The future is unpredictable. We cannot predict any future event with 100% certainty, although we can use past experiences and future expectations to infer potential outcomes. Even this has some risk involved since we cannot estimate all possible results in a world full of unexpected and random events. Most of us disregard the inherent uncertainty involved in the decisions we make and instead choose to believe that uncertain events are predictable. We see this in financial markets all the time when amateur investors think they can accurately predict future stock prices. Any unbiased and rational person would agree that this is a prime example of an uncertain outcome, yet many of us foolishly believe we can predict it with certainty.
The essence of investment management is the management of risks, not the management of returns.
If something is unpredictable, does this mean we should avoid it? Not at all. We should instead be welcoming it with open arms. Once we accept that we cannot predict the future, we can make better decisions in business, investing, and anything else – which is where risk management comes in. The entire premise of risk management revolves around knowing that most outcomes are out of our control, but by strategically managing our risk exposures, we can favourably affect the probability of beneficial outcomes occurring for us.
Risk management goes beyond business and investing. It’s fundamental to the decision-making process of all humans. Contrary to popular belief, risk management is not risk aversion. It’s about strategically managing your portfolio of risk exposures and deciding when, how, and how much to spend. Just like with money, reckless spending of risk could result in unmanageable debt burdens, overwhelming failures, and other undesirable consequences. That said, merely hoarding risk units without spending or investing them in potential return-generating opportunities will severely limit the ability of an individual or a business to grow, and ultimately maximize the returns on their risk. Risk management isn’t static, however. It continually changes based on circumstances. Like their investment portfolios, the optimal risk portfolio for a student will drastically differ from that of a retired senior based on their different stages of life.
If you are not willing to risk the unusual, you will have to settle for the ordinary.
But before we can manage risk, we must understand it. Risk is one of the most valuable assets any person, business, or other entity can possess. You can buy anything with risk if you have enough to spend. The more you are willing to pay, the more potential returns you can buy. Unlike many other tangible assets, its value almost always holds. It’s rare to see a high risk-low reward or low risk—high reward opportunity. When they do pop up, they quickly disappear. The former would become obsolete from lack of demand, and the latter would be capitalized on by arbitrageurs before immediately disappearing. For the most part, there is no free lunch when it comes to risk.
Strategic and intelligent thinking about risk can make a big difference in the decision-making process for businesses and individuals alike. Risk management involves actively controlling risk to achieve our goals. Once we have a clear understanding of our risk portfolio, then we can decide how to maximize the returns on a risk-adjusted basis. But it all starts with abandoning the fallacy of predictions and embracing the power of risk management.
If you don’t invest in risk management, it doesn’t matter what business you’re in; it’s a risky business.
The battle within our mind is a continuous and unrelenting conflict that must be won every day. Without winning this fight, one cannot expect victory in any other aspect of life. Even the most formidable and technically gifted individual cannot devise a winning strategy in business, politics, sports, or any other environment if they cannot master themselves. Emotions and impulses bend our perception of reality and cripple our rationality, which severely hinders the mind’s strategic capability. The more we let emotions dictate our actions, the more vulnerable we are to defeat. Great strategists throughout history have understood this and have been able to use it to their advantage.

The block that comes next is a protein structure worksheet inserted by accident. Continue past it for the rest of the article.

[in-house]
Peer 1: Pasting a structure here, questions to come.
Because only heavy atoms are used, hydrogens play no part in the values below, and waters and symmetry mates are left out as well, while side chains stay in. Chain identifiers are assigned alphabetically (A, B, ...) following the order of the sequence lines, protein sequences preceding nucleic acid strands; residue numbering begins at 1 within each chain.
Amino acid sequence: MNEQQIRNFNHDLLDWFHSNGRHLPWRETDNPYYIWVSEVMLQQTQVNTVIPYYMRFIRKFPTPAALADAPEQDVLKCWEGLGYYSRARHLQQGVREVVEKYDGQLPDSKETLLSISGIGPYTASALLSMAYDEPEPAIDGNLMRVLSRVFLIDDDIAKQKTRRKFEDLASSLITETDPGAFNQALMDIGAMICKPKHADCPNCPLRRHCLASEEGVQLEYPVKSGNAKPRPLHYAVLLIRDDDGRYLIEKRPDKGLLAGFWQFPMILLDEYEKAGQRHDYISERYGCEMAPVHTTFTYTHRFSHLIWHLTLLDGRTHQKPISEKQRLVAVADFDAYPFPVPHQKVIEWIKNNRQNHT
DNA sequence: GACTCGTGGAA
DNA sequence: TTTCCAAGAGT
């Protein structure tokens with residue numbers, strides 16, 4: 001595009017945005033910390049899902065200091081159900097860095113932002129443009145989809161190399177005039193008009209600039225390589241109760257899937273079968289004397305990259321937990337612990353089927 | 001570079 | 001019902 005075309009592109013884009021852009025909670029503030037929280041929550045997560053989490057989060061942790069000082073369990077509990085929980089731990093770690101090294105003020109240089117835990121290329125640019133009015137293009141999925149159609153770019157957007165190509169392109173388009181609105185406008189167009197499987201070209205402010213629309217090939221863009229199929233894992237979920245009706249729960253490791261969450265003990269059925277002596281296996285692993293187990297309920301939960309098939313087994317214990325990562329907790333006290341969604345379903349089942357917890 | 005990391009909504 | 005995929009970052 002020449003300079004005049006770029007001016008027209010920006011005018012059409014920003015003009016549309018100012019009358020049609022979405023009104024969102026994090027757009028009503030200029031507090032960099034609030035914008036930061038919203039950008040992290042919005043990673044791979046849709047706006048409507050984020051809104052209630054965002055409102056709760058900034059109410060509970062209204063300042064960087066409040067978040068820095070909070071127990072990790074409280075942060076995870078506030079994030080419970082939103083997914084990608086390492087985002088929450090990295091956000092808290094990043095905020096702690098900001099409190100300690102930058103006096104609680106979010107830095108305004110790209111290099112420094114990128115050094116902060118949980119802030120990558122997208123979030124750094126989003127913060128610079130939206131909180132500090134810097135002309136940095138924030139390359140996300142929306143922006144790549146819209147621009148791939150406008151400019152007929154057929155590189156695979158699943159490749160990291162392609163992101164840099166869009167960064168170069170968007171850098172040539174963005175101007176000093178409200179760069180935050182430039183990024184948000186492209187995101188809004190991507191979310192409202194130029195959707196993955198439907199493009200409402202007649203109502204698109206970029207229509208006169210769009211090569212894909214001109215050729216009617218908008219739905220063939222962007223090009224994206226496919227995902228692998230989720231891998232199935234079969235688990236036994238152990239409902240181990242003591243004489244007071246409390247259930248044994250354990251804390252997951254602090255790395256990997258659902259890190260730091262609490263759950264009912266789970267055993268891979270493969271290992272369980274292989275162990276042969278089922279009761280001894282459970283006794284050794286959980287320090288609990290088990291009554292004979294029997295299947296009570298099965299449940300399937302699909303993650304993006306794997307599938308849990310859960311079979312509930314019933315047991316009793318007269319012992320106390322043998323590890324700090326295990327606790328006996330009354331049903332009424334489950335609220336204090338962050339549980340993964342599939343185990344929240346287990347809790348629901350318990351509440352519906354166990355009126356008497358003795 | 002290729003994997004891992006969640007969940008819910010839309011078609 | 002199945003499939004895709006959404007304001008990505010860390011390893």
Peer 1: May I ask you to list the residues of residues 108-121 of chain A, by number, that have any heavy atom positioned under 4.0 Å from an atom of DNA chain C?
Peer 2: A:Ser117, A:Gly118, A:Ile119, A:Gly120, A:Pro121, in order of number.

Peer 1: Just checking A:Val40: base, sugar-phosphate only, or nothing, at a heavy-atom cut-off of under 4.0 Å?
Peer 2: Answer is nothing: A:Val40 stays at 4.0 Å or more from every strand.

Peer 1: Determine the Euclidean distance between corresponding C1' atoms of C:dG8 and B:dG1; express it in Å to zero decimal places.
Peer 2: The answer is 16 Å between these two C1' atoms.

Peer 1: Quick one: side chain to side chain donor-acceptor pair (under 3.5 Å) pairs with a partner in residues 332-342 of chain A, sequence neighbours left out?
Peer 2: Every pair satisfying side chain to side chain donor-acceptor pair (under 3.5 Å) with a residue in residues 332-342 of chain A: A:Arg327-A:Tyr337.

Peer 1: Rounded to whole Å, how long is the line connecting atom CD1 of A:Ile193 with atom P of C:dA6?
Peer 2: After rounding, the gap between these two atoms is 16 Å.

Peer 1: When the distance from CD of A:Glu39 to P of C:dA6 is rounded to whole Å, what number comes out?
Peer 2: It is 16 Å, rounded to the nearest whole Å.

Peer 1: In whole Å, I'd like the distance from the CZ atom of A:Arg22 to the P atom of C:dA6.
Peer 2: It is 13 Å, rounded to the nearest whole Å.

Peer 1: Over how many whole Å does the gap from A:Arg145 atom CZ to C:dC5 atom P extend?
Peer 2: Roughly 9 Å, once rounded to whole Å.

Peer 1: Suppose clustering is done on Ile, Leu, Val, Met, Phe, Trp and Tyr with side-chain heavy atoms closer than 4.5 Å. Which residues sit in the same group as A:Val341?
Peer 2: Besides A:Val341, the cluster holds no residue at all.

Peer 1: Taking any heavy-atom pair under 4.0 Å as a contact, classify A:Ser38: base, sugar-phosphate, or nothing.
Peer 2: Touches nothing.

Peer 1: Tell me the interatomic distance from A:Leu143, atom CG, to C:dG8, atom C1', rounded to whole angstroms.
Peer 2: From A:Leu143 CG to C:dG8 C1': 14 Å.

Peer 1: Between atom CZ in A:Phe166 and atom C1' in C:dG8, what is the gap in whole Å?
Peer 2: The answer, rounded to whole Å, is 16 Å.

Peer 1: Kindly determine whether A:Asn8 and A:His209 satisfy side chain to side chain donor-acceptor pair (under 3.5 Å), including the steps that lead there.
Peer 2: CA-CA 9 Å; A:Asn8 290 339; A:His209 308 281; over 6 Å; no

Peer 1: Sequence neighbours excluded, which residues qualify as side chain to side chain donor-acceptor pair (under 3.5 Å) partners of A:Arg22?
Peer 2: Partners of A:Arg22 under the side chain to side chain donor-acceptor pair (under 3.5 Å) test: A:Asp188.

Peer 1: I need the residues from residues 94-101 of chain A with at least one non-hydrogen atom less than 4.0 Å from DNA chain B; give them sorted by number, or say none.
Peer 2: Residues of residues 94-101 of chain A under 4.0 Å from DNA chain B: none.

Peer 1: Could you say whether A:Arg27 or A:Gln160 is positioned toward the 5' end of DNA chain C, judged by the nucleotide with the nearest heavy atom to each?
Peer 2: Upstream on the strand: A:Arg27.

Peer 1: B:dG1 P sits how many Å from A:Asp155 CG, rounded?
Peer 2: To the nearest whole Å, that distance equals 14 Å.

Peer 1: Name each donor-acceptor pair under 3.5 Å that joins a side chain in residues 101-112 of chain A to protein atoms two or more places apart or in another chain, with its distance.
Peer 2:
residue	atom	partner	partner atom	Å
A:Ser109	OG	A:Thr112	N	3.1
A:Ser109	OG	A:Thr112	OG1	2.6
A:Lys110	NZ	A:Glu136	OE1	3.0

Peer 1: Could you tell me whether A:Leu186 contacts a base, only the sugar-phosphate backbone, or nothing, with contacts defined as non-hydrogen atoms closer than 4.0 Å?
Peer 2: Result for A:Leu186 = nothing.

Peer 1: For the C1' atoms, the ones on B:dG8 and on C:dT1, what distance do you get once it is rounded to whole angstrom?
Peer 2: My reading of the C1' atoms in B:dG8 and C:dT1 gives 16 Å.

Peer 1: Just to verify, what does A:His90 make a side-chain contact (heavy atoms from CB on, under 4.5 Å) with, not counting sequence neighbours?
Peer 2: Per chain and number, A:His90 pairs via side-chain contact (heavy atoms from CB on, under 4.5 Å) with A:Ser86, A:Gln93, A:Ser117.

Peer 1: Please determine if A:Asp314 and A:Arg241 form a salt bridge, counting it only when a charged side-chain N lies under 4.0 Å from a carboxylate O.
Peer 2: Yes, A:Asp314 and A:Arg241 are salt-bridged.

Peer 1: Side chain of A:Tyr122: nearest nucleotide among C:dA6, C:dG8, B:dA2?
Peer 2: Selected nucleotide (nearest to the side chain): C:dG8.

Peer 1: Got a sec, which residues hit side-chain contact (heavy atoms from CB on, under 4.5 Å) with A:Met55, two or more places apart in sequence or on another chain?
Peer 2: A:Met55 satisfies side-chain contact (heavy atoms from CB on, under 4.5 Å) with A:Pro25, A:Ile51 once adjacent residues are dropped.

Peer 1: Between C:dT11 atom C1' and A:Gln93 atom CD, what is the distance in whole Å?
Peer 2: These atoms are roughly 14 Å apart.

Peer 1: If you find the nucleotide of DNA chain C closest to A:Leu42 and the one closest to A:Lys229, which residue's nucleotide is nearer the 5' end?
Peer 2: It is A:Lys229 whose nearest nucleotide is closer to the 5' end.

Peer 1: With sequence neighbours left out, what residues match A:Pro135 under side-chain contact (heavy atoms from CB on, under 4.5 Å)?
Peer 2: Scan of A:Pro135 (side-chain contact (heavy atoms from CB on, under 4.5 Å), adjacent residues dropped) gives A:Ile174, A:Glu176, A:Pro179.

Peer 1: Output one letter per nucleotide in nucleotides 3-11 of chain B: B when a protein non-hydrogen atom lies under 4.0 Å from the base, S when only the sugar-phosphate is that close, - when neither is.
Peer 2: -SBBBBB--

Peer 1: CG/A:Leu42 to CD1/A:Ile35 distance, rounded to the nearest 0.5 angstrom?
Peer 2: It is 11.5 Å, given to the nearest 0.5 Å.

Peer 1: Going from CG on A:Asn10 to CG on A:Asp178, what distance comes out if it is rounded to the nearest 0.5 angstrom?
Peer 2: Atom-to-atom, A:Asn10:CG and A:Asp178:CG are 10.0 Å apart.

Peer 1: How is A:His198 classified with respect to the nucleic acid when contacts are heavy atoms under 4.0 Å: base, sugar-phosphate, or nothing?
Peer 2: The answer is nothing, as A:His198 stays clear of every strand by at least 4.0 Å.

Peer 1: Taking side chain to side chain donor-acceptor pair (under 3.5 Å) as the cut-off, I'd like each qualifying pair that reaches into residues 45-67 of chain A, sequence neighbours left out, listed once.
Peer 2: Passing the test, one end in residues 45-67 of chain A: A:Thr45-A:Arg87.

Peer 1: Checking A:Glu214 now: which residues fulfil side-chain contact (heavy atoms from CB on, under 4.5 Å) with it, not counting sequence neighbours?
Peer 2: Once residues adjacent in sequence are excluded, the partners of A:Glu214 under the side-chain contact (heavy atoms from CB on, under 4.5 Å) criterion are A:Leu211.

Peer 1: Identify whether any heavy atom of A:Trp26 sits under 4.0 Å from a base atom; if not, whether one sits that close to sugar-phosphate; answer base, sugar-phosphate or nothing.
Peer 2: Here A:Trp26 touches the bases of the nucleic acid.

Strategists take a pragmatic approach to conflict, and their mastery of mind and emotion allows them to accomplish their objectives in even the most hostile situations. Even in the face of insults and aggression, the strategist will parry these attacks and maintain composure. Rather than engage in the hostility, they will seek to interrupt the attacks through delay, obstruction, and misdirection. Letting the other side waste precious time, energy, and resources on emotionally driven tactics will eventually tire, frustrate, or demoralize them – causing them to unveil a weak point in their strategy. Time is a great advantage in conflict, but one that can only be utilized through a rational and disciplined strategist.
In his book, The 33 Strategies of War, Robert Greene makes a fitting comparison between two key figures in Greek mythology: Ares and Athena. Ares, the god of war, was a quick-tempered and ruthless warrior known for his lust for violence and brutality. He was hated among humans (except Spartans) and gods alike and considered untrustworthy due to his reckless and wasteful approach to war. Athena, on the other hand, was known as the goddess of wisdom and war (among other things). She represented the intellectual and philosophical side of war that Ares failed to master. While Athena was a powerful force on the battlefield, it was her craftiness and rationality that helped her defeat aggressive and impulsive enemies. There are countless stories throughout Greek mythology of Ares suffering defeat, but Athena never lost a battle. With this in mind it is clear that the superior general is Athena, so why then do so many follow the Ares approach to conflict?
Channeling Ares comes naturally to us. Ares lies within our animal brain that reacts to our environment at a faster speed than our rational, “Athena” brain can. It takes time, discipline, and determination to tame our impulses and emotions. Unfortunately, most people are unwilling to make this sacrifice and instead choose to repeatedly shoot themselves in the foot by giving in to anger, greed, pride, or any other emotion. We see this in sports when a player takes an undisciplined penalty that costs their team the game; in financial markets where investors recklessly buy overpriced assets that blow up their portfolio; and in marriages where spouses hurl insults at each other that turn a small disagreement into a relationship-killing fight. We have all been in situations where we have given into to our primal instincts and ultimately cost ourselves a chance at achieving our long-term goals.
In the end, brutes may win battles but strategists win wars.
“When there is no enemy within, the enemies outside cannot hurt you.”